Instead of thinking, “I’m going to market to every business,” pivot to, “I’m going to market to this very specific subset of companies because they fit my ideal customer profile.” ABS requires a solid understanding of your leading indicators and early signs of success, as well as a regular and rapid feedback loop between your sales and marketing teams. 

Start by creating your ICP. Define the characteristics of accounts that are most likely to buy. Creating an ICP will establish the model to identify the target accounts best suited to your product. When creating your ICP, consider these attributes: 

  • Industry 
  • Company size 
  • Annual recurring revenue
  • Current tech stack
  • Pain points
  • Growth rate

So how do you know your ABS is working? Here’s what successful account-based execution looks like:

  • Early indicators like increased engagement from target accounts
  • Booking more meetings with your target accounts
  • Opportunities are being created within your target accounts
  • Marketing is working with sales across all the pipeline stages and putting plans together to move deals forward

Clearly, there’s a lot more that goes into building and executing a successful ABS. Here are two resources I recommend to help you build out your program: Gartner’s “Account-Based Everything Framework” and Salesloft’s Account-Based Strategy Playbook for more in-depth guidance on implementation.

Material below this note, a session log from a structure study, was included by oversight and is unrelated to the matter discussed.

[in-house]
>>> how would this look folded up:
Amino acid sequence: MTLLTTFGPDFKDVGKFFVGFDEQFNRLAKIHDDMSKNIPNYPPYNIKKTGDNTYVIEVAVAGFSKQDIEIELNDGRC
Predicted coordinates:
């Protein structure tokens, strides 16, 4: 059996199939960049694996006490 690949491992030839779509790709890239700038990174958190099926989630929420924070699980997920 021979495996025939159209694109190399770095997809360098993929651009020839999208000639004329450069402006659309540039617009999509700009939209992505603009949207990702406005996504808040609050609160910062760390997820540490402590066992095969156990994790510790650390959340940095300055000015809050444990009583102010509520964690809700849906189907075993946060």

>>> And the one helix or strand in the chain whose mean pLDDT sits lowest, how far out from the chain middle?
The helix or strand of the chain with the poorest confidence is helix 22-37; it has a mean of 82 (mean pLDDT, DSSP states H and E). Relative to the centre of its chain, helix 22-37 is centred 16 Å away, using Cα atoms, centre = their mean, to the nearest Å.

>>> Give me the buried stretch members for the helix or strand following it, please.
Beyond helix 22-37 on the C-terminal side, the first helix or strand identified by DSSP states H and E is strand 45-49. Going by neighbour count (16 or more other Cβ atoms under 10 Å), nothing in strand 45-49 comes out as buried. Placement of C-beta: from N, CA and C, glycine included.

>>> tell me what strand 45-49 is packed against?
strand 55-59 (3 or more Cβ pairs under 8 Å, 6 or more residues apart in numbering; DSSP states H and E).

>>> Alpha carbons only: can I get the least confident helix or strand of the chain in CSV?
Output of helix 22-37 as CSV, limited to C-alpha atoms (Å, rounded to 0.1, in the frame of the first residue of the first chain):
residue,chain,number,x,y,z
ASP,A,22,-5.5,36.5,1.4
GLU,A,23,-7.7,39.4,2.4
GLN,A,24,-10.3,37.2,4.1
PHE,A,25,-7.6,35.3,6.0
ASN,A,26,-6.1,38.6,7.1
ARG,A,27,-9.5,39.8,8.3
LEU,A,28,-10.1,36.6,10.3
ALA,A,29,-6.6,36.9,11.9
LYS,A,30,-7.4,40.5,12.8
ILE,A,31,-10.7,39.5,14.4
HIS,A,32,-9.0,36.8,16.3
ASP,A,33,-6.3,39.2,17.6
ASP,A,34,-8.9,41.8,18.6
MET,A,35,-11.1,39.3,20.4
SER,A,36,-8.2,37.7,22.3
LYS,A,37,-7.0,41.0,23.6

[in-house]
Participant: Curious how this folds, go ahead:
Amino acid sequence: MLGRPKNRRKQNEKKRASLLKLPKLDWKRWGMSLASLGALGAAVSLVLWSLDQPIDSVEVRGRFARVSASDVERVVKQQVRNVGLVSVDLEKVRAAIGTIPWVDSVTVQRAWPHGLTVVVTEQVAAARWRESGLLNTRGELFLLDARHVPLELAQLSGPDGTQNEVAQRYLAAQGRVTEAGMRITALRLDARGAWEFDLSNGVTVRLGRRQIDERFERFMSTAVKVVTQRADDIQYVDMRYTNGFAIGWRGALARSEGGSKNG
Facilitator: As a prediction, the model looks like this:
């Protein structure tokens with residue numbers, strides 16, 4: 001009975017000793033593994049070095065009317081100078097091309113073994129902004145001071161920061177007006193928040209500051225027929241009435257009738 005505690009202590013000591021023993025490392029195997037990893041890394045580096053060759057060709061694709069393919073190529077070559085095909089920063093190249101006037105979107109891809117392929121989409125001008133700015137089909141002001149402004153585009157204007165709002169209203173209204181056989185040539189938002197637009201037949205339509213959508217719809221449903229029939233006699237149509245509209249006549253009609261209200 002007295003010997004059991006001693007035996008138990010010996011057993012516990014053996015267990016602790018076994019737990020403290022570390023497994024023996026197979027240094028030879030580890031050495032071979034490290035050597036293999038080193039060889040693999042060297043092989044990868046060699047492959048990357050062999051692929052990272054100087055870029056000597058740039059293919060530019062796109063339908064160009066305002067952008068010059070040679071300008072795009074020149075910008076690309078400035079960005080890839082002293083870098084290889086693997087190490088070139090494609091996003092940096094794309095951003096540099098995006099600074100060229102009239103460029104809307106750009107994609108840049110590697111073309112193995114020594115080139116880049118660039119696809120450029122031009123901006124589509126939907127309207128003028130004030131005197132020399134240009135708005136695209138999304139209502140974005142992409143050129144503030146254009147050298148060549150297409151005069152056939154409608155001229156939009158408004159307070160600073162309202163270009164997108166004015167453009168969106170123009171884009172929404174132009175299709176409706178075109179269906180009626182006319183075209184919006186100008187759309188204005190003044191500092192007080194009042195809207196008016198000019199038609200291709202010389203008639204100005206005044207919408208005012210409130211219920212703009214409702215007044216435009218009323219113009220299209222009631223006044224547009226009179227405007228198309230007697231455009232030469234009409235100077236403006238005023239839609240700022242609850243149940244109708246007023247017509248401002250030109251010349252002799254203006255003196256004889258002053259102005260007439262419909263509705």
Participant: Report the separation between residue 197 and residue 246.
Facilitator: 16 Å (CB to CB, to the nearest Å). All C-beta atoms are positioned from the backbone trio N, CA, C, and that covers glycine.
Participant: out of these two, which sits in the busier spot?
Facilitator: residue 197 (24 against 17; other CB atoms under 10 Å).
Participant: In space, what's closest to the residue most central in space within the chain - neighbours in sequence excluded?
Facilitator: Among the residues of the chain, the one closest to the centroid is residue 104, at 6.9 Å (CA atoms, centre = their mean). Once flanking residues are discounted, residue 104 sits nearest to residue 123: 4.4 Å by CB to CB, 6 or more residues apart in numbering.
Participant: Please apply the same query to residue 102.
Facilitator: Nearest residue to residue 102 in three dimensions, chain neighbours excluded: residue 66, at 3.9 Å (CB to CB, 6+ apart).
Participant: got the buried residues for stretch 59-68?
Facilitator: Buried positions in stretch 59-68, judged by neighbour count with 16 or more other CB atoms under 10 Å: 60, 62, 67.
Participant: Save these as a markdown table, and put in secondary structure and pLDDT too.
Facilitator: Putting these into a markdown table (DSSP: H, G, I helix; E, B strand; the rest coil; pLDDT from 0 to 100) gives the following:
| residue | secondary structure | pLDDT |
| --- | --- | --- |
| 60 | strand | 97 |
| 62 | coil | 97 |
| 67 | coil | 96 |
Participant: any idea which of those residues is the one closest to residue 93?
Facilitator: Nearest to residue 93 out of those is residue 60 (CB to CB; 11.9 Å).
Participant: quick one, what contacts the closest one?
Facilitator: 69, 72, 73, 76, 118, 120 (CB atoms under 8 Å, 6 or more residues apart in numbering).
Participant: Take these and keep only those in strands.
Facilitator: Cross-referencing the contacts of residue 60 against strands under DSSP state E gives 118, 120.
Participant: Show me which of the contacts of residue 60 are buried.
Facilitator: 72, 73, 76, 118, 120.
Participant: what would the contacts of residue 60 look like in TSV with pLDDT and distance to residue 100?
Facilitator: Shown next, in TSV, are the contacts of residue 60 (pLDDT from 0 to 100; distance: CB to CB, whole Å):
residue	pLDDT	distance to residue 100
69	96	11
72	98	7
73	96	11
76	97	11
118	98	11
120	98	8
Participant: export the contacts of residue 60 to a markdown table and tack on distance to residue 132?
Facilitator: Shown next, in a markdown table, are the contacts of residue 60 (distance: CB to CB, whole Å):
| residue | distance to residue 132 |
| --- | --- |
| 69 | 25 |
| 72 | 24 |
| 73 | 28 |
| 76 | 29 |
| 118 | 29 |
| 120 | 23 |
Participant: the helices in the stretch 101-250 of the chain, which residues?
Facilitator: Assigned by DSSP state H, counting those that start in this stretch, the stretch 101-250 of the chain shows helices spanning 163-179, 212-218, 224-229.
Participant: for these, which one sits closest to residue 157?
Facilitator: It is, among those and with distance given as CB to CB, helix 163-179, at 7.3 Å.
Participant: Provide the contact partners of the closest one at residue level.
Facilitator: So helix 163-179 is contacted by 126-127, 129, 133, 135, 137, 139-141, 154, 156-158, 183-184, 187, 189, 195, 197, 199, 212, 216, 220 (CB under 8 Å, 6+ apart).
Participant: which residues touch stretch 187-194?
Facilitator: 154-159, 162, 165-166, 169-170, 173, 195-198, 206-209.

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Getting the most out of your time, talent, tech

An account-based strategy gives revenue teams the gift of focus and prioritization. It ensures teams are focusing on the most relevant, high-value accounts. Enabling your ABS with the right technology will supercharge your go-to-market motion. 

For sellers, sales engagement technology not only automates away low-value administrative tasks so that sellers can focus on working their accounts; it also surfaces engagement metrics and insights into which buyers need more attention and which messages and sales activities are working. 

For marketers, ABM solutions like 6sense uncover anonymous buying behavior, allowing marketers to prioritize their budget on in-market accounts and execute personalized, hyper-relevant advertising at scale. Pairing the two technologies together ensures that sales and marketing teams are efficiently working the same accounts, increasing the likelihood of closing more revenue.

ABS isn’t for everybody. If  you’re a velocity-based business or you primarily target small and midsize businesses, account-based strategies may not be the right fit. But for larger buying cycles and enterprise deals, ABS is an excellent way to hone your sales and marketing efforts and drive intentional wins during market uncertainty.

Lauren Vaccarello is the Chief Marketing Officer at Salesloft. She is an award-winning marketing leader with a track record of accelerating revenue growth and scaling some of the most well-known brands in the B2B SaaS market. She has a robust background in brand strategy, digital marketing, demand generation and international expansion. At Salesloft, Lauren leads the team devoted to making Salesloft the most recognizable brand in sales technology. Lauren earned her Bachelor’s in Marketing from Emerson College, and she currently serves on the board of directors for Thryv and SalesHood.

  • Originally published February 10, 2023